Rainbow Tables Question

Discussion in 'Networking & Security' started by JC724, Mar 11, 2018.

  1. JC724

    JC724 [H]Lite

    Jan 20, 2016
    I am learning about rainbow tables. I am trying to write a reversal function.

    Can someone give me some guidelines on how to do this? I am working with MD5 hash and trying to reverse the hash so I can see the password.
  2. grasshoppa

    grasshoppa [H]Lite

    Jun 18, 2017
    So you want to take a hash and pull out the plaintext password? Why not use any freely available database technology, import your tables and do a simple select?
  3. bman212121

    bman212121 [H]ard|Gawd

    Aug 18, 2011
    A rainbow table isn't a reverse function. There is no way to actually reverse the hash so it spits out the key that was used to hash the file with, as that would be bad. What you can do however is take guesses at what the original value was, and generate the hash and then compare them. So let's say I hash asdf using MD5.

    That gives you:

    Your Hash: 912ec803b2ce49e4a541068d495ab570

    Your String: asdf

    Once you have that hash, you can't convert 912ec803b2ce49e4a541068d495ab570 back into asdf. It doesn't work that way. But if I know that my original value was asdf, I can rerun asdf through an md5 hash and compare the two steps. If the output matches, then I know that I have the right input.

    But if I don't know the input needs to be asdf, I can just start slamming guesses.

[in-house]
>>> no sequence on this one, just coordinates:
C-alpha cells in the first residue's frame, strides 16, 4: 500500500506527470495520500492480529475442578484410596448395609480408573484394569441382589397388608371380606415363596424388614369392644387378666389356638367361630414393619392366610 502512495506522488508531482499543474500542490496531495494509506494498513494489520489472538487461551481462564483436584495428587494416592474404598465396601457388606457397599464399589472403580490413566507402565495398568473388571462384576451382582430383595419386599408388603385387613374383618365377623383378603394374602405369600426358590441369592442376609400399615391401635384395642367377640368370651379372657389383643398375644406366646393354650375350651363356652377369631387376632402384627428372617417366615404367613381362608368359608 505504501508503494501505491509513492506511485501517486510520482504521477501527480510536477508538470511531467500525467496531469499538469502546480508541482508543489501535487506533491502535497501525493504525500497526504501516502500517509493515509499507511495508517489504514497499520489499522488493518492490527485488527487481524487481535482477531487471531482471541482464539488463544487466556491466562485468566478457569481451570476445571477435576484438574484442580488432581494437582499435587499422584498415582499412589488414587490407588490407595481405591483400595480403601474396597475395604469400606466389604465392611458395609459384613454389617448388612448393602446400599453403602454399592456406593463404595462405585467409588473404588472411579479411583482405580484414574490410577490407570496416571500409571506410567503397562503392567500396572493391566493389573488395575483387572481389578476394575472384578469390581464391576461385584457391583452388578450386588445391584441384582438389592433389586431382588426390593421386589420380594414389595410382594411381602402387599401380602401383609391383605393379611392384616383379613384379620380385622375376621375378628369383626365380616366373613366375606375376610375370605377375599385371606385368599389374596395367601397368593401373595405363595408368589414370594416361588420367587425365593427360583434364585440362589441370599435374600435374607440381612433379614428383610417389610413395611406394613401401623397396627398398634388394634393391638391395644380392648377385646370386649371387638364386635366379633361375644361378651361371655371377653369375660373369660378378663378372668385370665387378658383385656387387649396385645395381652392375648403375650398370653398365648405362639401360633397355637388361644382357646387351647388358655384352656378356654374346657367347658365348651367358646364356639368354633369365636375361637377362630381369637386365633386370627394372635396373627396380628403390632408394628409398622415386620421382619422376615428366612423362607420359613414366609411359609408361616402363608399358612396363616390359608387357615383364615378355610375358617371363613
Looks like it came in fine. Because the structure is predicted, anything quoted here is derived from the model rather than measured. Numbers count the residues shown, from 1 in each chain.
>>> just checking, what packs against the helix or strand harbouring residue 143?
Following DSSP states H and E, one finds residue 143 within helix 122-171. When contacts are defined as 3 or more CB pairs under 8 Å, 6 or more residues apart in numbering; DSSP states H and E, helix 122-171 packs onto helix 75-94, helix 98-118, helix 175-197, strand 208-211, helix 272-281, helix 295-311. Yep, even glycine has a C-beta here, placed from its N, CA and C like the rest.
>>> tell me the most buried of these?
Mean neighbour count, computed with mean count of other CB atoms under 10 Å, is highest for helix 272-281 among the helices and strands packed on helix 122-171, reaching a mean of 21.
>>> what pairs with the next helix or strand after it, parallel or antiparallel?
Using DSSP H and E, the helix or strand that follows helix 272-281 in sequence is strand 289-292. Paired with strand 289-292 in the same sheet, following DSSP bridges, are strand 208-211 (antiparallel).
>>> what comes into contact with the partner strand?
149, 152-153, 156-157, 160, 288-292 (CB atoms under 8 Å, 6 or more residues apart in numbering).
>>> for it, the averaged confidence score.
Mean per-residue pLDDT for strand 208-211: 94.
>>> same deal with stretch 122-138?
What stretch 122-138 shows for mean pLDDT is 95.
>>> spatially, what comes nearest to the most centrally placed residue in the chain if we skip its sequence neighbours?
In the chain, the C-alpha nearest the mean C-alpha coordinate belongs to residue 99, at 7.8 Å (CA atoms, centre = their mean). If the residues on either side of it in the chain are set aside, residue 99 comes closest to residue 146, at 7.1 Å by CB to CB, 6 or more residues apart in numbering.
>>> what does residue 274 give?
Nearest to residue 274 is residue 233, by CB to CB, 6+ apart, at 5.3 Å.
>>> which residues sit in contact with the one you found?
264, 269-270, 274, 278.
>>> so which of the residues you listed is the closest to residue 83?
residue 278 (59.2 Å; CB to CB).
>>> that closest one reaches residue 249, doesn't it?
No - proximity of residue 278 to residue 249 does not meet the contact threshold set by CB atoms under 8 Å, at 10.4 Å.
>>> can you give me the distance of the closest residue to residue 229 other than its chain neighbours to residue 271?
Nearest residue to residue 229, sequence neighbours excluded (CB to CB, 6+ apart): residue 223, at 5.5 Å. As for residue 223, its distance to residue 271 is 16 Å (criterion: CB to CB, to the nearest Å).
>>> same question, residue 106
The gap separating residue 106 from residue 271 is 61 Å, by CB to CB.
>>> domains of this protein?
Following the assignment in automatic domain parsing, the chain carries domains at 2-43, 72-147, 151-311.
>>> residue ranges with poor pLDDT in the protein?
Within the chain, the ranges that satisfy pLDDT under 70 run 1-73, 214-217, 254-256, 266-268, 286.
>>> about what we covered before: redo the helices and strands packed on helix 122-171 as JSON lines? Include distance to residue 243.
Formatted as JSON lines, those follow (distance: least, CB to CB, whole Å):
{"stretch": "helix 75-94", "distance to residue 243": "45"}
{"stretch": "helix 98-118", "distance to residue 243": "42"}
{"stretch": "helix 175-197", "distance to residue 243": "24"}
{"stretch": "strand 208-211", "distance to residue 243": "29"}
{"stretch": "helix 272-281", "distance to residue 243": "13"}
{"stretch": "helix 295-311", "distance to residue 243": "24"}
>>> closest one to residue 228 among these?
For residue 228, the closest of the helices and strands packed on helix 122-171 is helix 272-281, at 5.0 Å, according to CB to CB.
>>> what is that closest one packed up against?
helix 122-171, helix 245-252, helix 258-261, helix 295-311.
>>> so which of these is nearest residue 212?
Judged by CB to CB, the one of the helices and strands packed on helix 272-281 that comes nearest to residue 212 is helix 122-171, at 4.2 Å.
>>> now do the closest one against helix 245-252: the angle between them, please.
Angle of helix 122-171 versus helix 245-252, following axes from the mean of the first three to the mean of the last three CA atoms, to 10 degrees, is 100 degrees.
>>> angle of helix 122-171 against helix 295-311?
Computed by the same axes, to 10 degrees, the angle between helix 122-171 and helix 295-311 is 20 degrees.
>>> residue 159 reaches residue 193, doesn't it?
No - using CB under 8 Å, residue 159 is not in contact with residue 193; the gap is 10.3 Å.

I can try asdd, which is:

    Your Hash: 0ec53c34ceb021b4c7907d31db2ff752

    Your String: asdd

    You can clearly see that hash doesn't match the original one, so your program will compare that hash to the one it has stored, and say it doesn't match and not perform whatever function it was supposed to do. (Like letting you login)

    So then I try asde, and that still doesn't work.

    Your Hash: 56fb167809cddf32a68168c0511c654d

    Your String: asde

    Then I finally try asdf:

    Your Hash: 912ec803b2ce49e4a541068d495ab570

    Your String: asdf

    Yup, that hash matches the hash I had stored, so go ahead and do some function.

    As you can see if you don't know you can brute force your way in by taking guesses. But having to take guesses can take a considerable amount of time. What we can do to make this faster is to just start at "a", and generate the hash for that and store it, then generate "b", and store that hash. So to make a rainbow table, you need to create a loop that generates hashes for everything from "a" through "ZZZZZZZZZ" and stores them. Someone has already done all of that work and saved it into a document for you to import, so you don't have to calculate it on the fly. That's what the rainbow table is, a listing of every possible combination and what the hash value is. So the "reversal" function is simply obtaining a hash from somewhere, and then looking it up in your document, database, or whatever it is, and then seeing what it says should be the original value.

    So to the original question, do you actually need to generate your own rainbow table, or do you just need to write something to lookup a hash and provide the associated value? If you just need to download a rainbow table to look stuff up, you can use select-string from powershell, or grep on Linux to just search a flatfile for a string a return the line. You certainly don't need it to be in a database if you just want to pull a couple of strings out. It might take a minute or so to search a few hundred megabyte text doc, but either one should have no problems returning the data you need.
    Ur_Mom likes this.
  4. SticKx911

    SticKx911 [H]ard|Gawd

    Mar 14, 2004